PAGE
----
Reiki is a complementary therapy relating to energy healing. Proponents say it works through the transfer of universal energy from the practitioner’s palms to the client.

Some controversy surrounds Reiki, as clinical research has not proven its effectiveness. However, many people who receive Reiki claim to experience positive outcomes.

In this article, we explain what Reiki treatment involves, its reported health benefits, and the medical opinions surrounding it.

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The word “Reiki” means “mysterious atmosphere, miraculous sign.” It comes from the Japanese words “rei,” meaning universal, and “ki,” meaning life energy.

Reiki is a type of energy healing. According to practitioners, energy can stagnate in the body where there has been physical injury or even emotional pain. In time, these energy blocks can cause illness.

Energy medicine aims to help the flow of energy and remove blocks in a similar way to acupuncture or acupressure. Reiki practitioners believe that improving the flow of energy around the body can enable relaxation, relieve pain, speed healing, and reduce other symptoms of illness.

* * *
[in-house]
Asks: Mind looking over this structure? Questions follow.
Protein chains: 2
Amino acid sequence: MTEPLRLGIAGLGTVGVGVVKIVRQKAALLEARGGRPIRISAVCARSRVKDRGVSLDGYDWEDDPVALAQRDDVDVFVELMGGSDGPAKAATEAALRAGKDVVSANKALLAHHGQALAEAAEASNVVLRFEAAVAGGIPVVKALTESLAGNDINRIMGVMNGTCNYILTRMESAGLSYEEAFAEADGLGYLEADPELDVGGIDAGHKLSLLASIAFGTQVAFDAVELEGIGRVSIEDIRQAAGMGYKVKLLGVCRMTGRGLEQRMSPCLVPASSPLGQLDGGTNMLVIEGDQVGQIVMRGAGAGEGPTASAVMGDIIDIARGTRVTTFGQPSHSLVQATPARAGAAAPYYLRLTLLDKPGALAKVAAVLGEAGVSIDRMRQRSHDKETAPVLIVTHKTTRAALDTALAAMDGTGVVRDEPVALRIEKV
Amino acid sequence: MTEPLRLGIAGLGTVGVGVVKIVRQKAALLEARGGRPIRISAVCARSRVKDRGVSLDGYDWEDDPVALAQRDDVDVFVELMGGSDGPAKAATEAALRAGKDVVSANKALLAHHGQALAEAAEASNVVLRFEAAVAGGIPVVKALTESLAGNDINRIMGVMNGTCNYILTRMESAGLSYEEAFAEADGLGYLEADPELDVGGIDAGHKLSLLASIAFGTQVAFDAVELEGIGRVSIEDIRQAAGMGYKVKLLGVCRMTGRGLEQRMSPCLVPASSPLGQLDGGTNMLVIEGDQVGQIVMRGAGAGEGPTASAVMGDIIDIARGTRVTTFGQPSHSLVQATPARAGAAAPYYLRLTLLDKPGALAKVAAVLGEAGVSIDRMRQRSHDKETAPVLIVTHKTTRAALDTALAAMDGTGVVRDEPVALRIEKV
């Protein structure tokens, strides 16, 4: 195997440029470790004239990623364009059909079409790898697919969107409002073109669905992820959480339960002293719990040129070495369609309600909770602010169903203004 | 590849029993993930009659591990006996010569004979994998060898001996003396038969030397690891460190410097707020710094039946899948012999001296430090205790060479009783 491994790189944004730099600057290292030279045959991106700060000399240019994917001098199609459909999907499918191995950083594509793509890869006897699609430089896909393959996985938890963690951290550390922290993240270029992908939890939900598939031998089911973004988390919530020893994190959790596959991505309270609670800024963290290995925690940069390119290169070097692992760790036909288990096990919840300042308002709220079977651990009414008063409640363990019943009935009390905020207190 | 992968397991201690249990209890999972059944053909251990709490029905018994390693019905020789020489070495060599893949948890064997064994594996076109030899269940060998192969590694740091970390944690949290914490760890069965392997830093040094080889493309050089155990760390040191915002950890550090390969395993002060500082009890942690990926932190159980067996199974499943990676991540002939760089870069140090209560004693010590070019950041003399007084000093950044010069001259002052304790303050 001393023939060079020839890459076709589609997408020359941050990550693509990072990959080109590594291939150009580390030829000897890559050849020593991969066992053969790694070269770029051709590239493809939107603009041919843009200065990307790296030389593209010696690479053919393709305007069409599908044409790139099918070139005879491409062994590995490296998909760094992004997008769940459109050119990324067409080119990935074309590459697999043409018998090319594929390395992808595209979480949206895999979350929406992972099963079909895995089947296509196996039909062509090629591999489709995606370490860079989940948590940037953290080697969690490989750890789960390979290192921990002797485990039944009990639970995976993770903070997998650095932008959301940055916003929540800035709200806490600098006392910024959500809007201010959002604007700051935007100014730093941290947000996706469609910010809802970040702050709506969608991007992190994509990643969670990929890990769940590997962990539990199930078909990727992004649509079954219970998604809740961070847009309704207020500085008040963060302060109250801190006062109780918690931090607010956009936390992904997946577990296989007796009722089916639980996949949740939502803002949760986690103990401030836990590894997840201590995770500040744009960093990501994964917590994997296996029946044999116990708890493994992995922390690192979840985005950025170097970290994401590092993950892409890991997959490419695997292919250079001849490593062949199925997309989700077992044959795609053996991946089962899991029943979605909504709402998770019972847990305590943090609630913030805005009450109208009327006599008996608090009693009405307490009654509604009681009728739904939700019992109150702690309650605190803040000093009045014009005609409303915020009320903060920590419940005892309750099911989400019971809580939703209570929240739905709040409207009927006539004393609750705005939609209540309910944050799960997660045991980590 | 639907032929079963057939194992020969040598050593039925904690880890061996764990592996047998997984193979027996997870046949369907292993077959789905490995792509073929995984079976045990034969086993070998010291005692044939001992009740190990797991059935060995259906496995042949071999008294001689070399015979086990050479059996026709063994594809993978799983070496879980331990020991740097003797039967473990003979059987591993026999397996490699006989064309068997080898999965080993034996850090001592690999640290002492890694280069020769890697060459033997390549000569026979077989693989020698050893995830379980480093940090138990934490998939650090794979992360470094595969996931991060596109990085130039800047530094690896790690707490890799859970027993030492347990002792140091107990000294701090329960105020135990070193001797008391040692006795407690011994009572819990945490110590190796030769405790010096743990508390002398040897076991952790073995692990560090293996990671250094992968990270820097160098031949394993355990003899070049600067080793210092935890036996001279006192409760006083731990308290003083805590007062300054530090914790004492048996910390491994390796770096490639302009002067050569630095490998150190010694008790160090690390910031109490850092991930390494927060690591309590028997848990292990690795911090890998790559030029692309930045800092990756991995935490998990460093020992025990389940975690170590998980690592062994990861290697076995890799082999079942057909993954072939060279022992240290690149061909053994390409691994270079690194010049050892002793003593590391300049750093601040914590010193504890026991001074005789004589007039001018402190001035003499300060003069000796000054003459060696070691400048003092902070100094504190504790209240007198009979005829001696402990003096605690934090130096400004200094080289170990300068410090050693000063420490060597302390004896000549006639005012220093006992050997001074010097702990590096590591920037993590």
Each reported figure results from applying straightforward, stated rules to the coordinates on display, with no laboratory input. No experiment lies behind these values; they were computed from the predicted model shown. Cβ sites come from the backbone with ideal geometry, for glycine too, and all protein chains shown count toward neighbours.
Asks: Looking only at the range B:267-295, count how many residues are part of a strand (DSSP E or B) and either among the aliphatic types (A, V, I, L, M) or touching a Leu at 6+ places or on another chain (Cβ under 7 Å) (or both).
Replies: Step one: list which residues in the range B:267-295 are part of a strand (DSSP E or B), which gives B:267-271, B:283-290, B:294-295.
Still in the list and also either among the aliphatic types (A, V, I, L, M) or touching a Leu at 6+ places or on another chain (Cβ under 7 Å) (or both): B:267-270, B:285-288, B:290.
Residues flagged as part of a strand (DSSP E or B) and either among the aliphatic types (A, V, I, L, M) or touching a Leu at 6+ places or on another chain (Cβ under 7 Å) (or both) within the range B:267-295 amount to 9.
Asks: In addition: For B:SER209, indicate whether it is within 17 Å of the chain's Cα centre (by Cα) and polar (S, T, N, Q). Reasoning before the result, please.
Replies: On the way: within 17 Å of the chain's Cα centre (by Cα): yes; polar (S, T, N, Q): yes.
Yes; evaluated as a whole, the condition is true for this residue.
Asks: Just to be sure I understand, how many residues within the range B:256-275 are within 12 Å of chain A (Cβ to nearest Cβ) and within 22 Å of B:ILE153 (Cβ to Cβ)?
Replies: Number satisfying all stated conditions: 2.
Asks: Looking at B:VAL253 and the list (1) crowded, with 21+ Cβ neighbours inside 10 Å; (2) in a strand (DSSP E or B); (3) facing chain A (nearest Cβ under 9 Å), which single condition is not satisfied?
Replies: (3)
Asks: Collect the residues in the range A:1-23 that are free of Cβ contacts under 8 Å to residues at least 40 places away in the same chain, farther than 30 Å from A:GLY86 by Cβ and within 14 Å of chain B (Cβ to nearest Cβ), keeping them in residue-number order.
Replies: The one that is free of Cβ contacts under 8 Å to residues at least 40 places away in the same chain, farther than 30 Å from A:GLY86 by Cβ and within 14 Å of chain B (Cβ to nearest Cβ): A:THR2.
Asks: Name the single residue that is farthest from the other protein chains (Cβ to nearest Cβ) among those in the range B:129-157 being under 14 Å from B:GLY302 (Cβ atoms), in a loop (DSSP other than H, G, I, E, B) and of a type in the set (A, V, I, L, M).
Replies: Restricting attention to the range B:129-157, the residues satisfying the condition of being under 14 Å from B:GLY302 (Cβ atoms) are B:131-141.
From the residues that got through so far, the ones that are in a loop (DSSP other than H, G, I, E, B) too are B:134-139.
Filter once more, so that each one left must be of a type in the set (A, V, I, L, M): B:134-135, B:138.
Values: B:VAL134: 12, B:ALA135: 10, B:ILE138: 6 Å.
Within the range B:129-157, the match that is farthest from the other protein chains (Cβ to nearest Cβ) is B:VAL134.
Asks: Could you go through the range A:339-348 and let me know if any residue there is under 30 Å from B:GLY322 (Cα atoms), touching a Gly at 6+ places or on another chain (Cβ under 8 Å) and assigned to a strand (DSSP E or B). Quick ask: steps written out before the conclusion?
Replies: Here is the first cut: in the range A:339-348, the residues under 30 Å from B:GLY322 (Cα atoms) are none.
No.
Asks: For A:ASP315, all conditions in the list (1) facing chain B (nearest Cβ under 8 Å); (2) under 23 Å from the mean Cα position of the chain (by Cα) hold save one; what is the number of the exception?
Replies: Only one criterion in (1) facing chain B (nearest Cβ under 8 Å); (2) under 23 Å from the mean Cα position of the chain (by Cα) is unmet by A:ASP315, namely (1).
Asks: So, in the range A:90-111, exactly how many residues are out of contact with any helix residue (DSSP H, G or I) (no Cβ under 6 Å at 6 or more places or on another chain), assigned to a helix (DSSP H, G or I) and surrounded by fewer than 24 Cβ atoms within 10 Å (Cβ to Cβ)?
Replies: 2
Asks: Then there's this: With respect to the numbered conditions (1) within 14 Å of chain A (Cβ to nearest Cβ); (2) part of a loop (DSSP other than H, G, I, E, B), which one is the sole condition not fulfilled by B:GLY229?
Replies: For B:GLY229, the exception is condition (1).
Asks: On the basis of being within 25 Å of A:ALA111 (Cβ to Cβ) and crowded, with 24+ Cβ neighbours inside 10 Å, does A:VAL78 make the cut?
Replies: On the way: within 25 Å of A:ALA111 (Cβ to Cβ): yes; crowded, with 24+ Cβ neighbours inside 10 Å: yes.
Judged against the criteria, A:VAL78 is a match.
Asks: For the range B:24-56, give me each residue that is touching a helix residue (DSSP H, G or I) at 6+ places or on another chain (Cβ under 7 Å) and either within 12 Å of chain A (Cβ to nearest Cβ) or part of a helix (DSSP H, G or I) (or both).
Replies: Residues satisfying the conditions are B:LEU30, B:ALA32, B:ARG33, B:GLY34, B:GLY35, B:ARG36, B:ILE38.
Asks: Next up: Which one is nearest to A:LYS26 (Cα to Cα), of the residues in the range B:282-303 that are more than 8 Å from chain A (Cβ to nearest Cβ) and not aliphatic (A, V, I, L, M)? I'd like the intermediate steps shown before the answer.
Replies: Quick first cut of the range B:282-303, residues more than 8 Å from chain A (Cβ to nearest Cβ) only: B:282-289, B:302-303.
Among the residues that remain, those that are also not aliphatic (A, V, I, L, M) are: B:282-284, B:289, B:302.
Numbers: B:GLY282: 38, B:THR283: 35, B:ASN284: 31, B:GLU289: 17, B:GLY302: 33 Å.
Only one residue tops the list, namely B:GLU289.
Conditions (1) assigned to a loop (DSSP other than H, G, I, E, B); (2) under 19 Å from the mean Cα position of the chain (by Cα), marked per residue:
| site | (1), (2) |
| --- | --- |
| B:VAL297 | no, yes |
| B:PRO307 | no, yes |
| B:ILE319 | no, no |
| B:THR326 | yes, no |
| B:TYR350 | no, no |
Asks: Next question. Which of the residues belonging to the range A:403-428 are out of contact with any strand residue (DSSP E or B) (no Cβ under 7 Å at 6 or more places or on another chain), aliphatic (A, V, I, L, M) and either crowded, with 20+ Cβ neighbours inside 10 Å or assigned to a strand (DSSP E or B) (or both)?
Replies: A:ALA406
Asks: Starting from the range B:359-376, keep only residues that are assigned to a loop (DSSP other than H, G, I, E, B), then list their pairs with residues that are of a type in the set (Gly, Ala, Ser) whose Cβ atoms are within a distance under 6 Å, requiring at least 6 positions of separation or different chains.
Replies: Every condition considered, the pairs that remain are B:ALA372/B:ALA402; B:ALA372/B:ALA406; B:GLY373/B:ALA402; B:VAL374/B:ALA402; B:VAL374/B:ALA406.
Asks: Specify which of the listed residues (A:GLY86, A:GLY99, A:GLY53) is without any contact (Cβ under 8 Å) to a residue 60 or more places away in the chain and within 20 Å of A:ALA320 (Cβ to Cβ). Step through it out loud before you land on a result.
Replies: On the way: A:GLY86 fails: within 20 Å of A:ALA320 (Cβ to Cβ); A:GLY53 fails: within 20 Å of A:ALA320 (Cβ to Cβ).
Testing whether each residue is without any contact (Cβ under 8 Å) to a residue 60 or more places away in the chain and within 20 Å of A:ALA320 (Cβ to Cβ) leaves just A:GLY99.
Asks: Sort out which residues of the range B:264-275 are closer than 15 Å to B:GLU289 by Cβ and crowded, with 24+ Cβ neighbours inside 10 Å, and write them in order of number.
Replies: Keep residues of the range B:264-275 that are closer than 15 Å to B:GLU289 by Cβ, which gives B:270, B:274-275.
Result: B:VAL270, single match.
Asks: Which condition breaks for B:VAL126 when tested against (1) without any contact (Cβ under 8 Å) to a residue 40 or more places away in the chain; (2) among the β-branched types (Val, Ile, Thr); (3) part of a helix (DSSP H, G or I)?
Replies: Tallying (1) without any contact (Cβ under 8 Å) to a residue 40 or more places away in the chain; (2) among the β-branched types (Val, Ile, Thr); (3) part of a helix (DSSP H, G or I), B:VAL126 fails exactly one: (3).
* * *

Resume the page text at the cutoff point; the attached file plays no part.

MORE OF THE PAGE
Mikao Usui developed Usui Reiki Ryoho, the most current form of Reiki, in 1922. However, people have practiced Reiki for about 2,500 years.

People also refer to Reiki as palm healing or hands-on healing.

Practitioners will typically give Reiki treatment in a peaceful, private setting. However, the treatment can take place anywhere. During a session, the client will sit in a comfortable chair or lie on a table, fully clothed.

The practitioner will then place their hands lightly on or over specific areas of the client’s head, limbs, and torso. They will typically keep their hands in these positions for 3–10 minutes.

If there is a particular injury, such as a burn, the practitioner will hold their hands just above the wound.